It was around 5th grade that I first read The Hobbit by J.R.R Tolkien. To say that this book had a major impact on my life is an understatement. I LOVE this book. It took me to the Shire and Bag End. I was sitting in Bag End with Bilbo, watching the magic smoke rings in amazement one minute, wondering what trouble those dwarves were going to cause next. From the encounter with the Trolls to the encounter with Smaug, I was hooked. More than once after reading The Hobbit, I tried to convince my Mom that I was entitled to elevensies. She didn’t buy it, unfortunately. Feel free to click on the book images to purchase any of the books on Amazon, or go to the My Amazon Store tab at the top of the blog to search for the book of your choice.
Going back to Denise Zaky’s comment (thanks for the great suggestons, Denise), we look at the popular A Series of Unfortunate Events by Lemony Snicket. This series tells the story of Violet, Klaus, and Sunny Baudelaire after their parents’ death in a house fire. If you’re unfamaliar with these books, the Goodreads description should tell you all you need to know. “I’m sorry to say that the book you are holding in your hands is extremely unpleasant,” states a letter written by Lemony Snicket himself. He ends by telling us, “It is my sad duty to write down these unpleasant tales, but there is nothing stopping you from putting this book down at once and reading something happy, if you prefer that sort of thing.” I had a good chuckle reading this and simply have to read about these unfortunate events.
Another 5th grade book is Percy Jackson and the Olympians by Rick Riordan, again suggested by Denise. I have never read these books, but they sound absolutely superb. It’s easy to see why they are so popular. I love the idea of weaving Greek mythology into a children’s book. What an interesting, exciting topic, as well as a great way to learn.
Here’s the Goodreads description of the first book of Riordan’s best-selling series. “Percy Jackson is about to be kicked out of boarding school…again. And that’s the least of his troubles. Lately mythological monsters and the gods of Mount Olympus seem to be walking straight out of the pages of Percy’s Greek mythology textbook and into his life. And worse, he’s angered a few of them. Zeus’ master lightning bolt has been stolen, and Percy is the prime suspect.”
Next up from Jess, author of The Secret DMS Files of Fairday Morrow, is A Wrinkle In Time by Madeleine L’Engle. Jess tells us that she, “was a bit obsessed with A Wrinkle In Time– I loved how anthing could happen.” I can see why she felt that way. I’ve never read this book, but it sounds incredible. What child (or adult for that matter) doesn’t love the idea of time travel? I know there are a few things that I would consider going back in time for. This book is now on my “to read” list.
The Goodreads description follows. “It was a dark and stormy night; Meg Murry, her small brother Charles Wallace, and her mother had come down to the kitchen for a midnight snack when they were upset by the arrival of a most disturbing stranger.”
This stranger proceeds to claim to have been blown off course, and tells them that there is such a thing as a “tesseract”, which, if you didn’t know, is a wrinkle in time. Sounds great to me.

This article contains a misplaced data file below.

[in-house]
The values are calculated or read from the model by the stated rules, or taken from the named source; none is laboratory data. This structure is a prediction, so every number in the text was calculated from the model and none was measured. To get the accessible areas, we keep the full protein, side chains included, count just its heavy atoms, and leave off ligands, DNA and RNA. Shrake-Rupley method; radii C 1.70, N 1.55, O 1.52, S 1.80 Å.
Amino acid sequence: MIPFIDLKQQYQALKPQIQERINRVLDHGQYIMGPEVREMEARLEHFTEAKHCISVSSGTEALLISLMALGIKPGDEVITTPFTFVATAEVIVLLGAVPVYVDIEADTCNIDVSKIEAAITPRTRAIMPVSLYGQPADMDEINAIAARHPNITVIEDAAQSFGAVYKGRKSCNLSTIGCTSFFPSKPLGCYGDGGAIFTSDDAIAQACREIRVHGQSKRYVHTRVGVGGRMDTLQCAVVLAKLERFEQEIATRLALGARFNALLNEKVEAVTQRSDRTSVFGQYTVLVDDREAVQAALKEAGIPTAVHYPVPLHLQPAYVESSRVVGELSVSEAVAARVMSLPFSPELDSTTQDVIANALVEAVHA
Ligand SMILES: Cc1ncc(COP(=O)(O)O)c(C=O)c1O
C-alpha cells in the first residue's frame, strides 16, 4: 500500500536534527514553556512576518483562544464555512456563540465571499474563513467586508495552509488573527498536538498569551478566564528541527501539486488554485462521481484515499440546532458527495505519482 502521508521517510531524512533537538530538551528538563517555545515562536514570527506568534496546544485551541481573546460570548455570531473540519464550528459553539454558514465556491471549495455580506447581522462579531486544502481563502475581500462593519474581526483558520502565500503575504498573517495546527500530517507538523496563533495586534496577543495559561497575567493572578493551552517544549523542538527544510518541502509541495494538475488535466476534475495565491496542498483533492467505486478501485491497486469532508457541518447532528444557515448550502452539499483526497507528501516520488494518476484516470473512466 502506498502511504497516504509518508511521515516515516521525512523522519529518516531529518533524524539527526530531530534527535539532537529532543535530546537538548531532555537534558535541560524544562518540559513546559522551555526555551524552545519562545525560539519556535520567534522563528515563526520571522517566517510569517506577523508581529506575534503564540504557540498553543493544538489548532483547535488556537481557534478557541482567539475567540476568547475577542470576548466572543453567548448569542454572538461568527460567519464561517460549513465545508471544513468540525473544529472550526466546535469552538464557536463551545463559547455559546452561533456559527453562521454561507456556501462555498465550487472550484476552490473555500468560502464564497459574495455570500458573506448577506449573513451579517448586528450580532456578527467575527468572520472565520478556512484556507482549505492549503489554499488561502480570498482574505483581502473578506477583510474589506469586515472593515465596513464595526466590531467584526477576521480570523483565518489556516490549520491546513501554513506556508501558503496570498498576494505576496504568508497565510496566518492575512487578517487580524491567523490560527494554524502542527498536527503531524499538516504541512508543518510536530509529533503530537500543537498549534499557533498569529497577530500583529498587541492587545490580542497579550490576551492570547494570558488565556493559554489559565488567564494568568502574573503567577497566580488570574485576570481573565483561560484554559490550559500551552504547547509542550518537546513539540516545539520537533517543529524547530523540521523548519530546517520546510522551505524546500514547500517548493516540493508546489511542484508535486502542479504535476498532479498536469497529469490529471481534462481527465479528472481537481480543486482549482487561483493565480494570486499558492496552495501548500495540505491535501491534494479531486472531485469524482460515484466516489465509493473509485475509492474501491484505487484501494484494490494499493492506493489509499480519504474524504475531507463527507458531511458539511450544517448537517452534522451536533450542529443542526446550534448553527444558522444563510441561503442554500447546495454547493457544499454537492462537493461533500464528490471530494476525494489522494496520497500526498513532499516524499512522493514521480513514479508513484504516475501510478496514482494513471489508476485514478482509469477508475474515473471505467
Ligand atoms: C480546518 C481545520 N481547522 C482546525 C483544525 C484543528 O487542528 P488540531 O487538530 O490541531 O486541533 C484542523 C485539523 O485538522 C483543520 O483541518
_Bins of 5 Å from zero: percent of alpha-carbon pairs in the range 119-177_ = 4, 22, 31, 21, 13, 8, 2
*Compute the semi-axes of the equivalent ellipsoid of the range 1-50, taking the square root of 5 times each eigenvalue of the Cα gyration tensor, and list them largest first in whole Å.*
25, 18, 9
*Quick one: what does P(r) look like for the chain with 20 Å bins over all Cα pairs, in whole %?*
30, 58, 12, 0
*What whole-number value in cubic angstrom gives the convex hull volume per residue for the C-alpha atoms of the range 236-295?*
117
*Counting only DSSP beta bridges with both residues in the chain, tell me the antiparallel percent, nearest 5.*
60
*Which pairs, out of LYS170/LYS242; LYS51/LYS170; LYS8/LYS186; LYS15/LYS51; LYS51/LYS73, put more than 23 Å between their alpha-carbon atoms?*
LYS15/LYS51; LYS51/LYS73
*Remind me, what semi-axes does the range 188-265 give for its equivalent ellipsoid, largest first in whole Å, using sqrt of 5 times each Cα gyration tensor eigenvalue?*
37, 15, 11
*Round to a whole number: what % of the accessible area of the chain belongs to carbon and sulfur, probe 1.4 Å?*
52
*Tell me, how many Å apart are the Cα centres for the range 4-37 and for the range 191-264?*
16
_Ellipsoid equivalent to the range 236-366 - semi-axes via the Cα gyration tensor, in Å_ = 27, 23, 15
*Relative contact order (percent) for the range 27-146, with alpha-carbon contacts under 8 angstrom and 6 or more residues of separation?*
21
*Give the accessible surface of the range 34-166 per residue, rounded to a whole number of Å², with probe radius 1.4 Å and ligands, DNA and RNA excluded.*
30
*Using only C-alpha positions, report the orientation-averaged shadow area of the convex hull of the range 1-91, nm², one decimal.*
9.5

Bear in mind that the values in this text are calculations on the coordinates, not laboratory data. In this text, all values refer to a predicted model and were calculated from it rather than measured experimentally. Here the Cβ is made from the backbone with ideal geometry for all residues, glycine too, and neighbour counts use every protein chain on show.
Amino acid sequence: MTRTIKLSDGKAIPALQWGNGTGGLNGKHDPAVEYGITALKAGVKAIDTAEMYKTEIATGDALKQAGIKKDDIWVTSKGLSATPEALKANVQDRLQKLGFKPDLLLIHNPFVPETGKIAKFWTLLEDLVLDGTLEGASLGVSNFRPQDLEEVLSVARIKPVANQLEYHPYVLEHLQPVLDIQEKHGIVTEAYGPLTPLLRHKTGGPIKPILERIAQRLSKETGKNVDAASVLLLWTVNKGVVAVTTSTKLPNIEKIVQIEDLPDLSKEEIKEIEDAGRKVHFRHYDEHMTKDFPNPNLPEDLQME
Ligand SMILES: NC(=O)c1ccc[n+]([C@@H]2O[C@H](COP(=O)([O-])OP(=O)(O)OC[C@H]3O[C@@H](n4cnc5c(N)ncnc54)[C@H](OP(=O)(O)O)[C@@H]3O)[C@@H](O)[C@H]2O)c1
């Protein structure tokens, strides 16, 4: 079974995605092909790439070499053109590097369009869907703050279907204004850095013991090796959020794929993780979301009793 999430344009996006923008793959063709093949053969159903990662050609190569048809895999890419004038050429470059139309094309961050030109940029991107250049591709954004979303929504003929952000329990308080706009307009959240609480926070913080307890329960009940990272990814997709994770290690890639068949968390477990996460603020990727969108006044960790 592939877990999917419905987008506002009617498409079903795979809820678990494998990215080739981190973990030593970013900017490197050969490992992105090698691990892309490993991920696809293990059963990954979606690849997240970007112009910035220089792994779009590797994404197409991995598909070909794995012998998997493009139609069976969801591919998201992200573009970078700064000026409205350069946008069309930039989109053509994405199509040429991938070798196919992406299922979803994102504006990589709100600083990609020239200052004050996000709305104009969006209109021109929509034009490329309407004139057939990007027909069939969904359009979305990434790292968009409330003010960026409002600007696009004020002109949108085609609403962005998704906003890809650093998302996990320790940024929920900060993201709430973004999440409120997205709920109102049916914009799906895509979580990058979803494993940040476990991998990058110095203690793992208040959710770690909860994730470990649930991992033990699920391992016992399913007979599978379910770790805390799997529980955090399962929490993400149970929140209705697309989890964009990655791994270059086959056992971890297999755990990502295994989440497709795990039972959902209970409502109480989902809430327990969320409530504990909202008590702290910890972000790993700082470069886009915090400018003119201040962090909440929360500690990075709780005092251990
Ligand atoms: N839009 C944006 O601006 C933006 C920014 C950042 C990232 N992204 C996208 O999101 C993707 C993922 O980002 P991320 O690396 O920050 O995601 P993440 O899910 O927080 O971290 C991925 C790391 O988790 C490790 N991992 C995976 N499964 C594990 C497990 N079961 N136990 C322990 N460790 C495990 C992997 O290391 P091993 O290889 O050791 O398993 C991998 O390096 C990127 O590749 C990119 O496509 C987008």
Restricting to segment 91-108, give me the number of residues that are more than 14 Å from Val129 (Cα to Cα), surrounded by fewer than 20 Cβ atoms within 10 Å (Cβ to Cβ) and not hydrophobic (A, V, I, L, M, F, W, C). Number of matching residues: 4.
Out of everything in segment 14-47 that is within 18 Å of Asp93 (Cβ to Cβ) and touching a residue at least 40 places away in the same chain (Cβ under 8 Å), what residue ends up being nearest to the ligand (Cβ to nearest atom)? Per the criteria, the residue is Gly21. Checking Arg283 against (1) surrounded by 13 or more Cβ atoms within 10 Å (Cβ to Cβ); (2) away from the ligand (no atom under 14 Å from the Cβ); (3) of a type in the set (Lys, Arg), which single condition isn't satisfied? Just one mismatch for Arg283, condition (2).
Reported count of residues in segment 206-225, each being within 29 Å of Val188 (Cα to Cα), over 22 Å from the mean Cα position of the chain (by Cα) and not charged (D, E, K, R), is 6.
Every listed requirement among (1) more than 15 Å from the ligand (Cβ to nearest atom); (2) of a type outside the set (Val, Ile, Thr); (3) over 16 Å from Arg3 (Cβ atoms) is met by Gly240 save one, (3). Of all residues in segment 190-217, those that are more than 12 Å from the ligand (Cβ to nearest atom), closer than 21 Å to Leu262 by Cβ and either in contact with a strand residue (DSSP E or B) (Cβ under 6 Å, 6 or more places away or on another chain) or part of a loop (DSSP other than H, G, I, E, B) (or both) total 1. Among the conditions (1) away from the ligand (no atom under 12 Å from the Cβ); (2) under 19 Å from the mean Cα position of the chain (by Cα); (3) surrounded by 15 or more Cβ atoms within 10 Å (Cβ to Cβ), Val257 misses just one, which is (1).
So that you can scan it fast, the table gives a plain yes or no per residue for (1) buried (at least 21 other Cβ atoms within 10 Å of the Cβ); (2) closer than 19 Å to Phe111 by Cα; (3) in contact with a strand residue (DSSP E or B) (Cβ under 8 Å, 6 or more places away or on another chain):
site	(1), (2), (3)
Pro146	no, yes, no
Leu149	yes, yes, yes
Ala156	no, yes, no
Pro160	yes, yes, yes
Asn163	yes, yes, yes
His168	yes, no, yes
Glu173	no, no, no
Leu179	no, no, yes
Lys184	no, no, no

Jess also suggests The Bridge to Terabithia by Katherine Paterson. If you’ve never read it, or just want to reminisce about when you did, here’s the description. “Jess Aaron’s greatest ambition is to be the fastest runner in his grade. He’s been practicing all summer and can’t wait to see his classmate’s faces when he beats them. But on the first day of school, a new girl boldly crosses over to the boys’ side and outruns them all. Together they create Terabithia, a magical kingdom in the woods where the two of them reign as king and queen and their imaginations set the only limits.”
Deborah Dore on Twitter recommended The Silver Brumby by Elyne Mitchell. This series recounts the life and adventures of Thowra, a magnificent silver bumbry stallion and his descendants, and is set in the Snowy Mountains of Australia. This sounds like a wonderful set of books that follow Thowra as he uses all his speed and cunning to save him and his herd from danger and capture.
Other books in the series include Silver Brumbies of the South, Silver Brumby’s Daughter, Brumbies of the Night, Silver Brumby Kingdom, and a few others, including some short story collections. This would be a good choice for any teen who loves horses.
Lisa Tortorello, author of Lisa Tortorello ~ Teacher and Author, suggested author Lisa Lowry. Lisa Lowry is the author of such great books as Number the Stars, The Giver, and The Silent Boy. Number the Stars is a story about ten-year-old Annemarie Johansen and the evacuation of Jews from Nazi-held Denmark. The author fictionalizes a true story account in this heartfelt tale. My research yielded some conflicting information as to the reading level of this book with some saying 7th or 8th grade and others 5th grade.
Well, that might just do it for all of our great reader suggestions. I’m not sure if there are enough left for another post, so if not, this will be it. Thanks so much everyone for stopping by and contributing. I have had the best time writing about these books and I hope that you, like me, have found some wonderful books to read. I can’t believe how many great books there are that I not only haven’t read, but have never heard of. I will rest well knowing that as the fall and winter seasons approach and the weather turns frightful (at least here in Illinois) I have a mountain of books to read as I curl up on my recliner in front of the fireplace. Thanks again everyone, and as always, please leave a comment about your thoughts on anything we discussed or tell us about anything you think that we forgot to discuss.